Calf Muscle Strength in Mitochondrial Diseases (CMSMD)
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|ClinicalTrials.gov Identifier: NCT02678637|
Recruitment Status : Completed
First Posted : February 10, 2016
Last Update Posted : August 17, 2017
Mitochondrial disorders are a group of inherited disorders causing malfunctional mitochondria. Mitochondria are found in every cell of the body, and the disorders therefore give symptoms from every tissue, especially those with high energy needs as the brain, heart and muscles. The disorders are highly disabling.
The aim of the study is to investigate the relation between muscle strength and contractile cross sectional area (CCSA) in the leg of patients affected by mitochondrial diseases. The hypothesis is that there can be a disrupted relationship between strength and CCSA.
|Condition or disease||Intervention/treatment|
|Mitochondrial Disease||Other: MRI and muscle dynamometer|
Mitochondrial disorders are a group of inherited disorders caused by mutations in genes encoding mitochondrial proteins. The proteins are encoded by genes from both the mitochondrial DNA (mtDNA) and the nucleus, making some of the disorders maternally inherited and some autosomal recessive or dominant.
The mitochondria are found in almost all cells in the body and are the main source of energy. The energy is produced through the electron transport chain, which is composed of four multi subunit complexes (I to IV). A mutation in one or more of these complexes is a typical cause of a mitochondrial disease.
Since the mitochondria are found in almost every cell, mitochondrial disease can give rise to symptoms from many organs. The symptoms depend on what kind of mutation the patient has, but usually includes muscular and neurological problems, as these cells have especially high energy needs.
It is believed that the muscle weakness in mitochondrial diseases is caused by the reduced ability to produce energy. However, recent research has suggested that there is a structural change in the muscles as well. The hypothesis is that this structural change in the muscles will affect its function.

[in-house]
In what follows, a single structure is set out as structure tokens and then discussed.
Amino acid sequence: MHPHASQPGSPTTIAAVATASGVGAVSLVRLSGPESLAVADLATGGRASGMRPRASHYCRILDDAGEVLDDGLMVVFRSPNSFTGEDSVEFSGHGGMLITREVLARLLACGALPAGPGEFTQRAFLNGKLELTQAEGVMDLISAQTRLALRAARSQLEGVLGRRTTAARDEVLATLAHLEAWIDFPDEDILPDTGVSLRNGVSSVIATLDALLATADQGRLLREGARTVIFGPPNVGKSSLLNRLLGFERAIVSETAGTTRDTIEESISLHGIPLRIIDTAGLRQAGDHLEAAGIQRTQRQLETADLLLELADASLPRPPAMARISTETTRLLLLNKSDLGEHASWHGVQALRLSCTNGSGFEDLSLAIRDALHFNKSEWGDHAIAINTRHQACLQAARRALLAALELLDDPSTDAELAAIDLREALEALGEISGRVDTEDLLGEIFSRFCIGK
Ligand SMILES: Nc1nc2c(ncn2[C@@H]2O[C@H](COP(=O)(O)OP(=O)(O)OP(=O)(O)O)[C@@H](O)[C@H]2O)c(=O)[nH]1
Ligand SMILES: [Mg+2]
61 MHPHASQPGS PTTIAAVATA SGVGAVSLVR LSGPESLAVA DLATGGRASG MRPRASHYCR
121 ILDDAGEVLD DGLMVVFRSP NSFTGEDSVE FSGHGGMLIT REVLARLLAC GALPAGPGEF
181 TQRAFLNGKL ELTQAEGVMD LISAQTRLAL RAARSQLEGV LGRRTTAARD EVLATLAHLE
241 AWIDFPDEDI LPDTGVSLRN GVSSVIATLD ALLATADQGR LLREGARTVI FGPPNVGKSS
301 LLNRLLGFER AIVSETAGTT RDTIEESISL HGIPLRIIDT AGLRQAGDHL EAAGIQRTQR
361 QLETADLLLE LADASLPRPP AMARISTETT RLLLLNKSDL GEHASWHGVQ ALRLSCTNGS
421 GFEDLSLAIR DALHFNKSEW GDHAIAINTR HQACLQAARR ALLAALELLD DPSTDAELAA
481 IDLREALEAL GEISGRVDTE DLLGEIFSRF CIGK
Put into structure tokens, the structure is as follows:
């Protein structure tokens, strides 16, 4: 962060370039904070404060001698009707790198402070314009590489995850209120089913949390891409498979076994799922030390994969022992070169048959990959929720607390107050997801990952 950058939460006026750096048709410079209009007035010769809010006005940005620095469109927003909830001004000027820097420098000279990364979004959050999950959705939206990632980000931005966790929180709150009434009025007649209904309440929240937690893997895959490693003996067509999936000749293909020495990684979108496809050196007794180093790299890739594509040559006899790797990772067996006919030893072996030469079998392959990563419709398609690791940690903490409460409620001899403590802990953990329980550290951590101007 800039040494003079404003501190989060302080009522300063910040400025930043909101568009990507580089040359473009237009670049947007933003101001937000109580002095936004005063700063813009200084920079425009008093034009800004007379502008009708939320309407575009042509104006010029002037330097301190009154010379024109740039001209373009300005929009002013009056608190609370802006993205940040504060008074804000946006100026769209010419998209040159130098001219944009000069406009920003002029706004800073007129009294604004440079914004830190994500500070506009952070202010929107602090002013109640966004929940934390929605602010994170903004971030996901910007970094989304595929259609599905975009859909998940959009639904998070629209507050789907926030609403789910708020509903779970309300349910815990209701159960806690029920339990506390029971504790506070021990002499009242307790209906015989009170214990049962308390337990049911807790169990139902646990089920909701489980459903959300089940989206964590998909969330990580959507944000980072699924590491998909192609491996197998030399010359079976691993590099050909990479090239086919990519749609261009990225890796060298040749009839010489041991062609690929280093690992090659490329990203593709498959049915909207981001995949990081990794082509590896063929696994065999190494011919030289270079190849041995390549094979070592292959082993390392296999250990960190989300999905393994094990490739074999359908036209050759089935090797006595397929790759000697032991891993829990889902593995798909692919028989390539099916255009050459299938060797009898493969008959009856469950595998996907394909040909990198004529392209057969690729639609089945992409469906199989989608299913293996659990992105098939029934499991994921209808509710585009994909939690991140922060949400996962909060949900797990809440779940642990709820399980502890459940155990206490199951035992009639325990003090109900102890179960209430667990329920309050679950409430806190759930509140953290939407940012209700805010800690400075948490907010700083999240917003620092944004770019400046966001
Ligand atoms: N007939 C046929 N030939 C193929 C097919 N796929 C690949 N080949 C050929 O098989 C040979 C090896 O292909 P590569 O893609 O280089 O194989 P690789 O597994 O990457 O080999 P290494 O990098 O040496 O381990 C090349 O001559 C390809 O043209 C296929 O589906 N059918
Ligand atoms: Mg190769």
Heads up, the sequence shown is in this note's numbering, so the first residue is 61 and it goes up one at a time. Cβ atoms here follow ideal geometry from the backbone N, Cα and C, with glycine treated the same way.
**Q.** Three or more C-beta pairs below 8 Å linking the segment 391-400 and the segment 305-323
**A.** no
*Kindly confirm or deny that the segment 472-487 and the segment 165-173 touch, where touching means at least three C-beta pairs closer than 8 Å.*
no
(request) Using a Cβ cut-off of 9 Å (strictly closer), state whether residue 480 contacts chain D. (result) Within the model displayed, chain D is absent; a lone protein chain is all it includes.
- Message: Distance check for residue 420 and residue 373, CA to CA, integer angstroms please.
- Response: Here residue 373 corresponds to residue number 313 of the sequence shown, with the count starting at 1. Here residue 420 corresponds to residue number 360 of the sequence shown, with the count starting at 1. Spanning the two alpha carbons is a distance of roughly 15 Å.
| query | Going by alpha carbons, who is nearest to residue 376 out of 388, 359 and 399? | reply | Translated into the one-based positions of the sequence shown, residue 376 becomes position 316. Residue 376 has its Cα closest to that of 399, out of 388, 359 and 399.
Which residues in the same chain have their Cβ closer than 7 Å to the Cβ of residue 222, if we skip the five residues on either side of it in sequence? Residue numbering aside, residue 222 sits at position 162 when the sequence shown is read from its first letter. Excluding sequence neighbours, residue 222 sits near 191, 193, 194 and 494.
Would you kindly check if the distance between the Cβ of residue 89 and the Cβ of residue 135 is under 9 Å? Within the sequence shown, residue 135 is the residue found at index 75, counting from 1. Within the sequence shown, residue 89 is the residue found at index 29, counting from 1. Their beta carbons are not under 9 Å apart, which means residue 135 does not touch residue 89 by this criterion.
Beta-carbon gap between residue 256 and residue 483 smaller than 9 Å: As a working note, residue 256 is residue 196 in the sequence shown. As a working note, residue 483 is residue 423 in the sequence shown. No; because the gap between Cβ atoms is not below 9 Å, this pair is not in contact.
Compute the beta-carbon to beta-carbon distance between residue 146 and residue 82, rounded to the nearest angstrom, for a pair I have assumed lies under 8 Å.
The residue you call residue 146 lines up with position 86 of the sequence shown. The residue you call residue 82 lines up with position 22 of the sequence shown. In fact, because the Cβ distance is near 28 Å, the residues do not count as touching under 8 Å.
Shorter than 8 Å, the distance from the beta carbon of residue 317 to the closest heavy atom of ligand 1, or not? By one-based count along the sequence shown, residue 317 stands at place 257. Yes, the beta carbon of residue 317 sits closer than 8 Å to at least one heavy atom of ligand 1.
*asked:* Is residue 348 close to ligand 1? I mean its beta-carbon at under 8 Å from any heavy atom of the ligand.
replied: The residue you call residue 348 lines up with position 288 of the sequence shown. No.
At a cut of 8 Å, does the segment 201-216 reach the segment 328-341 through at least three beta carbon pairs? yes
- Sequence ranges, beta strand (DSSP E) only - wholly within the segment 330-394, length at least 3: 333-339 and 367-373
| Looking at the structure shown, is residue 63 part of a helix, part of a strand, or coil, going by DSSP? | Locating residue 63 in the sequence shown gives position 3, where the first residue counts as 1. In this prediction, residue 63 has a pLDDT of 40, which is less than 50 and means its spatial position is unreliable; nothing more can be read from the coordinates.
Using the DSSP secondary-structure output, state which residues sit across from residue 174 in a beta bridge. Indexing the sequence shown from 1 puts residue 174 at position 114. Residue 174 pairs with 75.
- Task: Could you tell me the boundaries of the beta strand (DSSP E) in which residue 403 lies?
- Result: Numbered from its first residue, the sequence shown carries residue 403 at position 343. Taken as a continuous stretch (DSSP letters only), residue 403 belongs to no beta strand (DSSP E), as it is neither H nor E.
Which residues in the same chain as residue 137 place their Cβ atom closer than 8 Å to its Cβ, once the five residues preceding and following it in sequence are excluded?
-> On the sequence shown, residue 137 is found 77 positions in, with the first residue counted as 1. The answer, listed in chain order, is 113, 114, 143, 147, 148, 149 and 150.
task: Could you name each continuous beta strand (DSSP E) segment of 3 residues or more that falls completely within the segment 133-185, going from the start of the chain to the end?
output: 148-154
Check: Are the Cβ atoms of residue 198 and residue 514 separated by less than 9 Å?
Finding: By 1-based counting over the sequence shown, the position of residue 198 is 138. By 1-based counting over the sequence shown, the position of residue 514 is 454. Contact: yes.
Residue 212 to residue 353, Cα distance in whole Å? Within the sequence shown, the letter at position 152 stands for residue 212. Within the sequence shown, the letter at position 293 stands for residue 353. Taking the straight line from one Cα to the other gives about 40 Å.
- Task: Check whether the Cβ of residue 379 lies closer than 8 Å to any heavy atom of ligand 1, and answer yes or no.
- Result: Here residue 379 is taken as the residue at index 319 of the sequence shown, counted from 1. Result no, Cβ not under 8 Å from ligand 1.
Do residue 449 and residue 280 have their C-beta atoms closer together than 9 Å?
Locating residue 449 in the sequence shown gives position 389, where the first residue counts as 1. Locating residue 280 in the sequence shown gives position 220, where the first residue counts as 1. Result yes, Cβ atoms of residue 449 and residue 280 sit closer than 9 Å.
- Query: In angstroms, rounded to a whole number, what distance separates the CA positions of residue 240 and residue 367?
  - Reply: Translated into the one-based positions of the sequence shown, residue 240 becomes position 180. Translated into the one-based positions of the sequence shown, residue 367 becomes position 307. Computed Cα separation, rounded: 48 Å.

The aim of the study is to investigate the relation between muscle strength and contractile cross sectional area (CCSA) in the calf of patients affected by mitochondrial diseases. In healthy individuals there is a close relation between strength and CCSA, as the strength will decrease according to a decrease in CCSA. In mitochondrial disease, the hypothesis is that there can be a disrupted relationship between strength and CCSA.
The investigators will recruit 30 subjects with verified mitochondrial disease, and compare the results to that of healthy individuals (results from an earlier research project). A Dixon MRI will be used to find the CCSA of the calf muscle and a muscle dynamometer will be used to find the strength. These two variables are compared.
|Study Type :||Observational|
|Actual Enrollment :||37 participants|
|Official Title:||Calf Muscle Strength in Patients Affected by Mitochondrial Diseases as Compared to Healthy Individuals|
|Study Start Date :||April 2016|
|Actual Primary Completion Date :||August 2016|
|Actual Study Completion Date :||August 2016|
- Muscle CCSA, investigated by Dixon MRI techniques. [ Time Frame: One MRI scan per subject (exam lasts approximately 60 min.) ]The MRI protocol include a whole body scan. The calf is chosen for qualitative analysis. Cross sectional area is calculated, the amount of adipose tissue is calculated, and the amount of adipose tissue is subtracted from the CSA, giving the CCSA.
- Muscle strength, measured as peak torque, investigated by an isokinetic dynamometer (Biodex 4). [ Time Frame: The tests takes less than an hour and are only done once. ]The dynamometer makes it possible to isolate particular muscle groups. It is possible to control the range of motion and thereby test in an area free of pain.
- Assessment of the muscle strength by a clinical test using "the Medical Research Council Scale for muscle strength" (MRC-scale). [ Time Frame: The exam lasts 15 min. ]
To learn more about this study, you or your doctor may contact the study research staff using the contact information provided by the sponsor.
Please refer to this study by its ClinicalTrials.gov identifier (NCT number): NCT02678637
|Copenhagen, Copenhagen East, Denmark, 2100|
|Principal Investigator:||Nanna S Nielsen, B.Sc||Copenhagen Neuromuscular Center|